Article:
It has been well said that “You will be the same person in five years as you are today except for the people you meet and the books you read.”
This pithy quote oversimplifies life because it overlooks important things such as experiences, trials, and most importantly, the grace, providence, and power of God. However, it does give us two helpful categories to consider when reflecting on the past. We are changed at least by these things, though usually by much more.
I last updated this blog back in 2011. There are a few reasons why I went MIA, but just because the blog has been silent, does not mean that nothing has changed or happened. God has been exceedingly kind to me since the last post. I have had the opportunity to read scores of books and meet a host of new people. In many ways, I know I am a much different person now compared to my college days because as Glinda sings, “Who can say if I have been changed for the better? But because I knew you, I have been changed for good.” God often uses the people we meet and the books we read as His providential ordinary means of grace to conform us into the image of His Son. Surely all credit for change ultimately returns to God.
So much has happened in the last four years! I graduated from college, moved home, and started working full-time for the government. I was able to spend my first full year (and then some) with my adopted sister. Through many unexpected opportunities, I have been able to grow in my Christian conviction, character, and competencies, though it has not been without challenges.
2015 was a particularly crucial pride-destroying, paradigm-shifting, and competency-honing year. There were definitely a lot of books, many new friends, and a few but substantial doors opened by God. Here are three things that stand out in particular (with pictures!), though many more could be listed:
I experienced a small taste of bi-vocational ministry.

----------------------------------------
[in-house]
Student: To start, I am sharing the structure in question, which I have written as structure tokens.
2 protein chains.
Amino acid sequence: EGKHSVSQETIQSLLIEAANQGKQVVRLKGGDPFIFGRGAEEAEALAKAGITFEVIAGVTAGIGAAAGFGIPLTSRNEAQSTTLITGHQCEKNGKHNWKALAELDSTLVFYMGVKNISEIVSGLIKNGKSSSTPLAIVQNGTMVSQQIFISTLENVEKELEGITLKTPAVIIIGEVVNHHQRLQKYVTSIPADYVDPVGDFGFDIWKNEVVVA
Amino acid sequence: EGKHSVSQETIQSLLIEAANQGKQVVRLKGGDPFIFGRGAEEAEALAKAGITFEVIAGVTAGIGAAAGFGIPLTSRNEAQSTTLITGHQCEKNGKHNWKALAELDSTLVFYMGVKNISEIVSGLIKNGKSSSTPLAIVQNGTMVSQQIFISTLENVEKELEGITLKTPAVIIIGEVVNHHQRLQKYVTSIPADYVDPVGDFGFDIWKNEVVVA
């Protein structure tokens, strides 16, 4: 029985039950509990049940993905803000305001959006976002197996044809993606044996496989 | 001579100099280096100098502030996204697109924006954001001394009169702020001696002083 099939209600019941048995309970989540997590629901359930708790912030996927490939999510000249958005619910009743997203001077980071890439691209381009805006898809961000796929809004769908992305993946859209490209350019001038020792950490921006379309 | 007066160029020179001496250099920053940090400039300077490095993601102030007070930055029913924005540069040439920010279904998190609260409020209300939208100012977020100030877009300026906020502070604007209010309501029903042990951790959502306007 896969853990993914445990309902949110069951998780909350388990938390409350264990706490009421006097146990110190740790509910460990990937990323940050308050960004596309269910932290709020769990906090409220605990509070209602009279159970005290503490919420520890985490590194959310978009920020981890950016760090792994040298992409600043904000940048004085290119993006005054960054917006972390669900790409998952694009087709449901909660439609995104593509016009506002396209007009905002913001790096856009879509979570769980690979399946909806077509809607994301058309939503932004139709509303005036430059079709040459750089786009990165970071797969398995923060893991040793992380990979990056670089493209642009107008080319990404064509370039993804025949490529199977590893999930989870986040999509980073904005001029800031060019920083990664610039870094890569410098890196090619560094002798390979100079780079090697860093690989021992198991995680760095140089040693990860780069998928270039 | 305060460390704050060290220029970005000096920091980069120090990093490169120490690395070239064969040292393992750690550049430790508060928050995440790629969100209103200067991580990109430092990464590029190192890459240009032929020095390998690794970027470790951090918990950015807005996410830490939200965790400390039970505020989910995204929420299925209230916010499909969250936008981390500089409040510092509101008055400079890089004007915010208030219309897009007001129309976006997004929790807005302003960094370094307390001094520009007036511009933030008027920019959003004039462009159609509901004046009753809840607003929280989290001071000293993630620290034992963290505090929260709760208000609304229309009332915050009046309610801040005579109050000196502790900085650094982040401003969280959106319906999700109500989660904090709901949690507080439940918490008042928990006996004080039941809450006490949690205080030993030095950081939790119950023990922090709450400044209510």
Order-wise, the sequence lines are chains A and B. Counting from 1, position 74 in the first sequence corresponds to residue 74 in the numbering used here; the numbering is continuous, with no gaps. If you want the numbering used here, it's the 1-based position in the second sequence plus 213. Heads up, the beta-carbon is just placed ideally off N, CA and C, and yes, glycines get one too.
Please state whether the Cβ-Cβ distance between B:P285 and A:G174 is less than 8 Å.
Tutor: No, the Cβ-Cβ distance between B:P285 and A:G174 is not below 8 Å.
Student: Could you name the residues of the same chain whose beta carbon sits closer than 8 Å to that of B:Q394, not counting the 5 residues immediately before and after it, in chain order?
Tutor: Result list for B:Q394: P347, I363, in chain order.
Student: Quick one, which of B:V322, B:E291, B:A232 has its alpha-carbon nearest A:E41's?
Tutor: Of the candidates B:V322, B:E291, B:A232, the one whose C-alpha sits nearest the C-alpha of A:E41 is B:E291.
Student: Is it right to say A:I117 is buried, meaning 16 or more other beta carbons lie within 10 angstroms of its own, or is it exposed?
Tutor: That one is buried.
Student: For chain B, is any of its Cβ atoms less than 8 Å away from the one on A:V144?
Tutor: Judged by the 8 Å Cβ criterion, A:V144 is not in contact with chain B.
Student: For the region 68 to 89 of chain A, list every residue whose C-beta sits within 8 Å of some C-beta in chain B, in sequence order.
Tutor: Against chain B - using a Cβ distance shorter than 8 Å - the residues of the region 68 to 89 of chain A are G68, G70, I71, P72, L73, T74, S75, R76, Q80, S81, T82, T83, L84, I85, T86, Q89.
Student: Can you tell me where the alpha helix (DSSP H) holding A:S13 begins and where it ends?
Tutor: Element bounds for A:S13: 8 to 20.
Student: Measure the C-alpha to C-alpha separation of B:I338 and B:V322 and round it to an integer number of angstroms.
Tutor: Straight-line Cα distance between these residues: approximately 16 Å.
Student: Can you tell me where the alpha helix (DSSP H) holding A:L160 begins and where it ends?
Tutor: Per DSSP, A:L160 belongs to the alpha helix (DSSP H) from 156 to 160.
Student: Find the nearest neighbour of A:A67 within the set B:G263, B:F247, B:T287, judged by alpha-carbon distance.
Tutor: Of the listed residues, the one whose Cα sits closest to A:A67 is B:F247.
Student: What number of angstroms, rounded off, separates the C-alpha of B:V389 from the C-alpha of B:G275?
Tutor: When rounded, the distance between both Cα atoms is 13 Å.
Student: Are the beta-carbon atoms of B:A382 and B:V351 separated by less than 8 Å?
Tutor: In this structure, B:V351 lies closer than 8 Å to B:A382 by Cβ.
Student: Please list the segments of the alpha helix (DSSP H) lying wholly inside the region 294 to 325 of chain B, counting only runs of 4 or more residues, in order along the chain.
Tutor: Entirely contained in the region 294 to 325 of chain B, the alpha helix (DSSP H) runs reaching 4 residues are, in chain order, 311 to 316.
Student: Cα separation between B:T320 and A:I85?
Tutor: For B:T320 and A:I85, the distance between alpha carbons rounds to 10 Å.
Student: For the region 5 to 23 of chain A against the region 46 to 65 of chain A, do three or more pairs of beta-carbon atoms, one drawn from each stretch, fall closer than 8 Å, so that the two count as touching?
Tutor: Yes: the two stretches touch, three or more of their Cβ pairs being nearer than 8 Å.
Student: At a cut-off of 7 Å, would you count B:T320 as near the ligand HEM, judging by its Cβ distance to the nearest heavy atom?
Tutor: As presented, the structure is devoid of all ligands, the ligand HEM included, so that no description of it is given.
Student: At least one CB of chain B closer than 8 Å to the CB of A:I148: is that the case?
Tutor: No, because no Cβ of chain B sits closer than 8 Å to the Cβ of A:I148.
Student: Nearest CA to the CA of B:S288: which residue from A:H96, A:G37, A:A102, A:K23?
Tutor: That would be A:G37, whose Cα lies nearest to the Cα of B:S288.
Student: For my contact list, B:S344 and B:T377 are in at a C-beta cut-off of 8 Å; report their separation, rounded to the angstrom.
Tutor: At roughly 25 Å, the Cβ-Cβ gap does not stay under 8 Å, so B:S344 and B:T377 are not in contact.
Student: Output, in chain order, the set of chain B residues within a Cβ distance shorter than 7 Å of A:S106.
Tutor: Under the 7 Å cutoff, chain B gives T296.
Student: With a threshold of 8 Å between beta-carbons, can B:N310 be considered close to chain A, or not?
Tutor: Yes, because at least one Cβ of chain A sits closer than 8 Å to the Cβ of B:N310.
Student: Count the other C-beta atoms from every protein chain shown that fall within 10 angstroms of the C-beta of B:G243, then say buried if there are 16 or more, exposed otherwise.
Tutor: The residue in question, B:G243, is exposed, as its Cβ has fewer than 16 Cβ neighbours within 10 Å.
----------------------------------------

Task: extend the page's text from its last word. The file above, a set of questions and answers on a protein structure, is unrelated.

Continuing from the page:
At the beginning of 2015, I stepped into an interim youth director role at one of our church plants which met in the afternoon about 35 minutes from where I live. I had been teaching and preaching there for their combined junior and senior high group between two to three times a month as 2014 came to a close, but transitioned into a role where I taught two Fridays a month and preached three Sundays a month through July. It was the first time I had a chance to go through an entire book of the Bible (Colossians) and I learned a lot, both good and bad, through the process about myself and ministry. I also led the time of singing. I do admit, it is a bit strange to put down the guitar and then say, “If you have your Bibles or smartphones, please turn or swipe with me to …” The youth became very dear to me, and I hope to return to them soon.
This was also a season of life when my work as a government analyst ramped up. A member of our team left so I moved into the role as the main liaison between the most difficult division in our department and our office during an unusually complicated budget cycle. I learned a lot of technical details related to my position during those seven months and think that helped justify them giving me a leave of absence instead of asking me to resign when I told them I got into an out-of-state program. I recently returned and will be working there for an indefinite amount of time.